The Steyr AUG is fielded by over 40 countries. In fact, it was even used by Immigration and Customs Enforcement (ICE) in the United States. However, now that ICE has been absorbed by DHS (Department of Homeland Security), they’re stuck with M4s.

Not that there’s anything wrong with that, but we have heard through the grapevine that many ICE guys lament the fact that they had to give up their AUGs.

A Barrel to Write Home About

The quick-change barrel system is one of our favorite features, allowing the AUG to use barrels anywhere from 13 to 24 inches in length. You can convert the rifle to 9mm.

Barrels are cold hammer-forged with a 1 in 9-inch twist rate (yeah, we know). Barrels lock into a steel insert within the receiver that, contrary to popular belief, isn’t considered a trunnion. The folding vertical foregrip makes pivoting and removing the barrel deceptively simple.

A Look at the Piston System

Operation is via a true piston system. That means you can regulate the flow of gas depending upon conditions.

Like many bullpup designs, the main flaw that we see is in the rifle’s trigger. The A3 we sampled has a trigger that breaks at about 8 pounds, but is remarkably smooth and has a short reset.

Steyr AUG Mags

Steyr’s magazines are simply a thing of engineering beauty. Translucent and textured, they insert straight into the rear of the stock. They can be expensive and/or hard to find. An aftermarket STANAG stock is available to accommodate standard AR-15 magazines if you’re one of those folks who either can’t give up their P-Mags or has 500 perfectly fine GI magazines left over from the last rash of panic buying.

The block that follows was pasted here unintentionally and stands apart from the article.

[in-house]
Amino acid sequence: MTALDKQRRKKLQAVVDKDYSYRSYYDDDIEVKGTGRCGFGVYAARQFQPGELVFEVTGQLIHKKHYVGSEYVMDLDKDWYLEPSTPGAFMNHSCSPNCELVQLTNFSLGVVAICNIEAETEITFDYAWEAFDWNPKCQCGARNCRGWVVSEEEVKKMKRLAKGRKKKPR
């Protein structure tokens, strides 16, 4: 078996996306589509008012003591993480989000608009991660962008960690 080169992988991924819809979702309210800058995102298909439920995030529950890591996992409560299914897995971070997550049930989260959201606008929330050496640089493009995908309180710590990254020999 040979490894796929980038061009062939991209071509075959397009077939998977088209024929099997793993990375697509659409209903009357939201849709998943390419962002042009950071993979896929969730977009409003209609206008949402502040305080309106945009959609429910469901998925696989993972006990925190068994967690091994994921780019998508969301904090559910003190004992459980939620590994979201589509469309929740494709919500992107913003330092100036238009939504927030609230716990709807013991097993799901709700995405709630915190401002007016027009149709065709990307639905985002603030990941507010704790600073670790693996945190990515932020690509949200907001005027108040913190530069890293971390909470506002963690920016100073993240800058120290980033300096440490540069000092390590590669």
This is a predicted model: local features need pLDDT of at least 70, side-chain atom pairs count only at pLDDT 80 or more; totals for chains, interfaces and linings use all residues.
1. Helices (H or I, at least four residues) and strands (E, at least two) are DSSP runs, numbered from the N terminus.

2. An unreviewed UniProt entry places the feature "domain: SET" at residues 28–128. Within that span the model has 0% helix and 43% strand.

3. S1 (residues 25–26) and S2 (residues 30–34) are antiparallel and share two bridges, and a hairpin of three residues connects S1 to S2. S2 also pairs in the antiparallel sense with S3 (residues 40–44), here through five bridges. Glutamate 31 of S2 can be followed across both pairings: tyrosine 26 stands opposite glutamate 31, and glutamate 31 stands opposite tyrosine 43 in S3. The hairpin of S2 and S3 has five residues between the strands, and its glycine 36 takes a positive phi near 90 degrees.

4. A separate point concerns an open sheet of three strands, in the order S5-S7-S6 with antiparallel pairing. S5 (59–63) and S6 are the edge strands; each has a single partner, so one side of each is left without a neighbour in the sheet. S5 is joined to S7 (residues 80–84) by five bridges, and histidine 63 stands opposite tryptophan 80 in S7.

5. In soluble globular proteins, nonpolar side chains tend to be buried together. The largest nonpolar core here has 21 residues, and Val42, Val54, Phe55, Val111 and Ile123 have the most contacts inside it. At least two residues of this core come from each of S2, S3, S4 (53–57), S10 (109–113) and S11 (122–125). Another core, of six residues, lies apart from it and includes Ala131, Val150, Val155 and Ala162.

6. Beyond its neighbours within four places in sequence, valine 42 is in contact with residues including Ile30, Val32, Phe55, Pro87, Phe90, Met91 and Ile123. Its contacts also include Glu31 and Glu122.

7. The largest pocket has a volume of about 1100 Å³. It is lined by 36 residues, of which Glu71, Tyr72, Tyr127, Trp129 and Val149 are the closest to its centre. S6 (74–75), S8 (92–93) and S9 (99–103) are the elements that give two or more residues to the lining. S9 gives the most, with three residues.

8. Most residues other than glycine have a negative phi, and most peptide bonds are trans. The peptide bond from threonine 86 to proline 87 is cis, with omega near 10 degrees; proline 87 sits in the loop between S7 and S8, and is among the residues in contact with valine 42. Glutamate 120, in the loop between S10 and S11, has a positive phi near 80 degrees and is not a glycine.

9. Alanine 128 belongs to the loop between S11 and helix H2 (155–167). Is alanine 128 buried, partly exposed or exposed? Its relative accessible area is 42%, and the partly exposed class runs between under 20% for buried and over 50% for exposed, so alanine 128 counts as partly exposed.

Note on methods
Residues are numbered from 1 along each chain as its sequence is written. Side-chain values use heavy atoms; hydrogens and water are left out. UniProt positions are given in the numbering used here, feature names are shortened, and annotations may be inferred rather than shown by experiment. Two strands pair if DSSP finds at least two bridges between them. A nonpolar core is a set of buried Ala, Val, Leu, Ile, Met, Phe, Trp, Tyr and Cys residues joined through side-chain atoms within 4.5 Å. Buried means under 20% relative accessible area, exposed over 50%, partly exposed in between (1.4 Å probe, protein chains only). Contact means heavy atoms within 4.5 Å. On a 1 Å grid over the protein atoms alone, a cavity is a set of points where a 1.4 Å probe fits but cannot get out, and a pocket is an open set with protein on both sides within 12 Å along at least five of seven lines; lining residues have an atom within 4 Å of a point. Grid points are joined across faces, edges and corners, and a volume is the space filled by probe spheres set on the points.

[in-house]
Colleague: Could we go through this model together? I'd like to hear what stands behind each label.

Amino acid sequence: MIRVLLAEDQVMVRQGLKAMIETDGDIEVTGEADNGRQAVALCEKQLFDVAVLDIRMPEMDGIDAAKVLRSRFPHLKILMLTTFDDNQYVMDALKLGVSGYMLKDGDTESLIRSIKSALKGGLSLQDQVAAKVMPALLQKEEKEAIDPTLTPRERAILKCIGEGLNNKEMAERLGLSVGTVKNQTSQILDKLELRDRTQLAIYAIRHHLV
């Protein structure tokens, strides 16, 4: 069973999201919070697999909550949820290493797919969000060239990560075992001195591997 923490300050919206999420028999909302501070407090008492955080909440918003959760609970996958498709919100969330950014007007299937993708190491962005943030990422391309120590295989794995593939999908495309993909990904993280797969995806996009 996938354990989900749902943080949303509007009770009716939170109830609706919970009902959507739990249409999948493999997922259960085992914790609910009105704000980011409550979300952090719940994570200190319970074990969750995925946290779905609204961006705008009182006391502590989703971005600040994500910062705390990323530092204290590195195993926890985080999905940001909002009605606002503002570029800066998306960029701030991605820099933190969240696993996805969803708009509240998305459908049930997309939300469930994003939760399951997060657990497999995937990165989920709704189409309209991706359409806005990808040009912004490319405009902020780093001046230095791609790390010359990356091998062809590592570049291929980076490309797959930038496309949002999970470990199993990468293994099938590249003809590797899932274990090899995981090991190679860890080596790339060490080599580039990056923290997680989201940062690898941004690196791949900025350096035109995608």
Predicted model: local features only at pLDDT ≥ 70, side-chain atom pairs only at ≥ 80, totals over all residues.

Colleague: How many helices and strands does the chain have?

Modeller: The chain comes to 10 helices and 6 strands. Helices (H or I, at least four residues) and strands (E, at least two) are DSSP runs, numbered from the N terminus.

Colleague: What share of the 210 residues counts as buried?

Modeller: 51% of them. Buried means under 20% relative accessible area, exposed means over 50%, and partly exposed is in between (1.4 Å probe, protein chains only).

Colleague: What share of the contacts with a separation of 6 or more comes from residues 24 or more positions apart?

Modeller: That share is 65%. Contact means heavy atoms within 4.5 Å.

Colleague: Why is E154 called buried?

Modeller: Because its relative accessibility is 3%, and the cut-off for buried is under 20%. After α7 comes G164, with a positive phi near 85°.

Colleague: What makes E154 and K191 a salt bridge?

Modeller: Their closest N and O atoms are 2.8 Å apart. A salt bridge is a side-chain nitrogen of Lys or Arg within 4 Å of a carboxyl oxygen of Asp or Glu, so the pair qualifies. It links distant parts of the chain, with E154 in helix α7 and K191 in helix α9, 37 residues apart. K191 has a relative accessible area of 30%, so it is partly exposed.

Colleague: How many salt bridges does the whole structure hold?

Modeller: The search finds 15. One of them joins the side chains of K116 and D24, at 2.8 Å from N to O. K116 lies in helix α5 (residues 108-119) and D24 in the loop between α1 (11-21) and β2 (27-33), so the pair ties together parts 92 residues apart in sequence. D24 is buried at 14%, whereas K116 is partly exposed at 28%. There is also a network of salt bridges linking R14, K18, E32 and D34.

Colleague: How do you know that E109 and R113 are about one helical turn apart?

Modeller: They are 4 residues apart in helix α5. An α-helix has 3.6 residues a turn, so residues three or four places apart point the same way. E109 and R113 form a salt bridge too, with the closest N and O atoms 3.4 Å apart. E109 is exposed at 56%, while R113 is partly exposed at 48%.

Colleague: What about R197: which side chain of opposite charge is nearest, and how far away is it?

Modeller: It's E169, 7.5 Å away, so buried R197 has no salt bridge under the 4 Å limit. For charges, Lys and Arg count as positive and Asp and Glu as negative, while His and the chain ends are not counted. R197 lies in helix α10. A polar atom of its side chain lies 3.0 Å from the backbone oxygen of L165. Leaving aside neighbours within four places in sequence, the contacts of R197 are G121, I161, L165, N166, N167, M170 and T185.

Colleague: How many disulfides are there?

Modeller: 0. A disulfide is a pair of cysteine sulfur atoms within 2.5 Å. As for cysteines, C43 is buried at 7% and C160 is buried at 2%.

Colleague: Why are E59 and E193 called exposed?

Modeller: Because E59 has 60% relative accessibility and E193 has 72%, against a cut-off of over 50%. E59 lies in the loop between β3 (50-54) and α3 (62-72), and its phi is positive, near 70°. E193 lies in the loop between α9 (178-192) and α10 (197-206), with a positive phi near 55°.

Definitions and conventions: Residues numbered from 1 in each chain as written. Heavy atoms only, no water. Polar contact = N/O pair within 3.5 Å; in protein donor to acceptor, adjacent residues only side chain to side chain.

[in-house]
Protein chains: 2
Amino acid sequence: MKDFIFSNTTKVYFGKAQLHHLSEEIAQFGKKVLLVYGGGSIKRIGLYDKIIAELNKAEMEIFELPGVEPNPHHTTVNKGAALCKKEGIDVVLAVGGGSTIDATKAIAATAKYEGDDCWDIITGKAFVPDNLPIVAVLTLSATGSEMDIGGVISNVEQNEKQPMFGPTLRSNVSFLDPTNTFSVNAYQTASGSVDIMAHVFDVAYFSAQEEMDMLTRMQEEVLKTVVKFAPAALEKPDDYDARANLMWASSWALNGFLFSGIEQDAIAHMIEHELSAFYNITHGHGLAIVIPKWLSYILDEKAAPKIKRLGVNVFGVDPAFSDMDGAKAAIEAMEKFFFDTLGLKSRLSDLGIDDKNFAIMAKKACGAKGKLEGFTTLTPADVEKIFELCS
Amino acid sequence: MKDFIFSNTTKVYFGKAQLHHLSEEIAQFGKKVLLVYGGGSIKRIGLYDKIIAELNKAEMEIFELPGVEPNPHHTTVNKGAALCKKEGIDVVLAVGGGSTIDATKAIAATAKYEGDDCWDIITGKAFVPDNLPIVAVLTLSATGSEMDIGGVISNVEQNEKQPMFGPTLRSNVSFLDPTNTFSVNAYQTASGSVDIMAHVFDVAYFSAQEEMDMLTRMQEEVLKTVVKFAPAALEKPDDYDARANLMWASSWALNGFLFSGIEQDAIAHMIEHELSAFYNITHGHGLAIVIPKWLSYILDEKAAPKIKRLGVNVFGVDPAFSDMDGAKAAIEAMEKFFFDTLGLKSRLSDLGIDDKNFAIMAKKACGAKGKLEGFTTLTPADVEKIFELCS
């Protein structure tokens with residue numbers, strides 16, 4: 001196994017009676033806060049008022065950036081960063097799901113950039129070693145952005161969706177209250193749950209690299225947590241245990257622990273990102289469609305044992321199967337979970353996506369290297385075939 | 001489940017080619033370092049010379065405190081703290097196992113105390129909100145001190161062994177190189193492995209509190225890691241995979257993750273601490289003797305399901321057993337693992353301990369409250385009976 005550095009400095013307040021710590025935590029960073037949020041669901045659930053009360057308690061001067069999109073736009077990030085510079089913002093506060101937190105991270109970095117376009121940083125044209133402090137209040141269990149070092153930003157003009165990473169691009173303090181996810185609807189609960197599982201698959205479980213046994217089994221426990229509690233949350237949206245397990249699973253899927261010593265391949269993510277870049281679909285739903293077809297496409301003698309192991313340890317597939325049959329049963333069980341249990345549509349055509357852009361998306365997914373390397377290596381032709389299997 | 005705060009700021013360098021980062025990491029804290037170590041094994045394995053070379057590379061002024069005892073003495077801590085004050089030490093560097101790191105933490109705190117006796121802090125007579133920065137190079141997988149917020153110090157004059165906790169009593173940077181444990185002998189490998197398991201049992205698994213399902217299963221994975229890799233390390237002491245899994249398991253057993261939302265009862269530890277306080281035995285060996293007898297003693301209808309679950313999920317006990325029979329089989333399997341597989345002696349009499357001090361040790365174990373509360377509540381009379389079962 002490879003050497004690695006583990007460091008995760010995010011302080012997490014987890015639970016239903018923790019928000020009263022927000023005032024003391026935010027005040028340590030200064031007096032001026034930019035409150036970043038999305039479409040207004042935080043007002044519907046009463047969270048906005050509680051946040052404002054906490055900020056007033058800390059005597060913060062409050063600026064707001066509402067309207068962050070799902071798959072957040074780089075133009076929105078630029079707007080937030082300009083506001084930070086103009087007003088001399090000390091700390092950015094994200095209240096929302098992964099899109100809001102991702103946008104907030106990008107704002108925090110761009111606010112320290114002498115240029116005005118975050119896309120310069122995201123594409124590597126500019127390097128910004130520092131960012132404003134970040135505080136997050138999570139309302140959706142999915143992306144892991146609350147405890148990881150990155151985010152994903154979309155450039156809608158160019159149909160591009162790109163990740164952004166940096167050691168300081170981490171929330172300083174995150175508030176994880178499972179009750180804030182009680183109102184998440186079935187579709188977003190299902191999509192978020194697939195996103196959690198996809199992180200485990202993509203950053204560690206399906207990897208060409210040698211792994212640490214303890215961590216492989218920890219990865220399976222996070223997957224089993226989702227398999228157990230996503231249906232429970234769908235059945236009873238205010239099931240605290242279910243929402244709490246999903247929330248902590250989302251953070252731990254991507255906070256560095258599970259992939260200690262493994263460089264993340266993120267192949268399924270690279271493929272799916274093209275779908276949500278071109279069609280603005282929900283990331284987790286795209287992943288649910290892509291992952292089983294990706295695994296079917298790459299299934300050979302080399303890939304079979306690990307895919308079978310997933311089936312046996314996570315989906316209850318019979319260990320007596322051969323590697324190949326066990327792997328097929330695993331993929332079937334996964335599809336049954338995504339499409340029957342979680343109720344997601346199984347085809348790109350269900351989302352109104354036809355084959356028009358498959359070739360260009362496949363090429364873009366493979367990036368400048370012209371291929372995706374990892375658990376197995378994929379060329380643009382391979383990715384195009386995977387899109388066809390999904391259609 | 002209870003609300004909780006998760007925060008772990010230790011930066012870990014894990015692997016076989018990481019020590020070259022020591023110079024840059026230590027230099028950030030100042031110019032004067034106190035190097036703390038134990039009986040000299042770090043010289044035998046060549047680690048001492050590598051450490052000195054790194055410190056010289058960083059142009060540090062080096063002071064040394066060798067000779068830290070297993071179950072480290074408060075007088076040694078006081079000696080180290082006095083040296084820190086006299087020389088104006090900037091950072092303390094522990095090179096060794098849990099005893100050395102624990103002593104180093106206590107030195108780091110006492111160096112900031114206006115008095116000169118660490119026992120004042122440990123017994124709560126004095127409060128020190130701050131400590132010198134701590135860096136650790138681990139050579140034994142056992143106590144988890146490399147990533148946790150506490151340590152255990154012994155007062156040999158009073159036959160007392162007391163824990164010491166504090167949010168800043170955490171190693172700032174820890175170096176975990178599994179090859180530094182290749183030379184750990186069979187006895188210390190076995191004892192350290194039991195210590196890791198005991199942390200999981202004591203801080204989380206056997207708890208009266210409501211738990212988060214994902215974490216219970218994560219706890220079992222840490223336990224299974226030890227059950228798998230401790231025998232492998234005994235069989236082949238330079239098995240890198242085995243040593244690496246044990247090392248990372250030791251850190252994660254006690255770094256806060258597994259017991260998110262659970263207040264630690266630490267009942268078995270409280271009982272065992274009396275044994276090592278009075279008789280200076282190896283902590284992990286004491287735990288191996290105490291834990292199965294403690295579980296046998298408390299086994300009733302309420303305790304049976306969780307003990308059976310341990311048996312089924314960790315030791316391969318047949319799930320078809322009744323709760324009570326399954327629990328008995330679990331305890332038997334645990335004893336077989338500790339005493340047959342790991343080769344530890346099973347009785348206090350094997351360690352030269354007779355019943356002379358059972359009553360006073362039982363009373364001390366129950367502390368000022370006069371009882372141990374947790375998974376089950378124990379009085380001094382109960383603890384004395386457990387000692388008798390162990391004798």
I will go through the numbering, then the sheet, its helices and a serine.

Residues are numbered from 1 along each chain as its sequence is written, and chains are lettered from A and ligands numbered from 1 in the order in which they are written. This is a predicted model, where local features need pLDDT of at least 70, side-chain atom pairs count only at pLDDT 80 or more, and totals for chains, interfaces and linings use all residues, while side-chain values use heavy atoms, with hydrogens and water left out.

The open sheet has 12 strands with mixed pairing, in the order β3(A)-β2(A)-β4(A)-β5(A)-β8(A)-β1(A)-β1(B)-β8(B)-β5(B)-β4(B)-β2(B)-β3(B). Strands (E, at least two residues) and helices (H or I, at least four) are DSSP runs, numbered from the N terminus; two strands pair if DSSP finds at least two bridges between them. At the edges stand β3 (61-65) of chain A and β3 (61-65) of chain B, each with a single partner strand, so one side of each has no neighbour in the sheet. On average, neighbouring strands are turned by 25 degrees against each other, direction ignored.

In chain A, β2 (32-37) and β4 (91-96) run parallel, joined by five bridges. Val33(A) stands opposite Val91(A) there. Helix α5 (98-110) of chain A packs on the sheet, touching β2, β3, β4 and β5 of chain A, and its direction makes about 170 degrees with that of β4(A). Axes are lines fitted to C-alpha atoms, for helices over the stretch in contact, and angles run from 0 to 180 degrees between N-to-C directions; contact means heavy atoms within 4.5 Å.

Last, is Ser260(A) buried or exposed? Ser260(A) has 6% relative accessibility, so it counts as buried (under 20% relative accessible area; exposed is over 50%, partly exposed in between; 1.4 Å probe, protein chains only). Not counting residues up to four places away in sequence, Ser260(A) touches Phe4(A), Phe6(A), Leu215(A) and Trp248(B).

Magpul produces 30-round mags for the AUG. You can find them for as low as $17 in some areas. We were able to run a few and, while we didn't have the time nor the stockpile of ammo to jam 20,000 rounds downrange, we were happy with the results and found them as reliable as the factory magazines.

Optics Choices for the Steyr AUG A3 Carbine

We tested the AUG-A3 with a Nightforce 1-4x scope — one of our favorites for use on a defensive carbine. The circle reticle is similar to the original one found on the integrated scopes of the AUG A1 and USR, while the variable power is definitely an upgrade.

Shooting it was a dream. We found the circular reticle to really draw our eye to the target and the soft recoil of the AUG with the scope on the 4x setting at 100 yards let us see our hits on target. The broken-in trigger had more of a Glockish feel to it, so if you're a fan of the other Austrian gun maker, you might find yourself comfortable behind the Steyr AUG.

We predict that the AUG will remain a cutting-edge design for the next 40 years as Steyr and Lithgow continue to improve upon an amazing platform.

This article originally appeared in RECOIL Issue 28

Also check out the Gun Digest gun review on the Steyr Pro THB Mcmillan.

Corey Graff contributed to this article.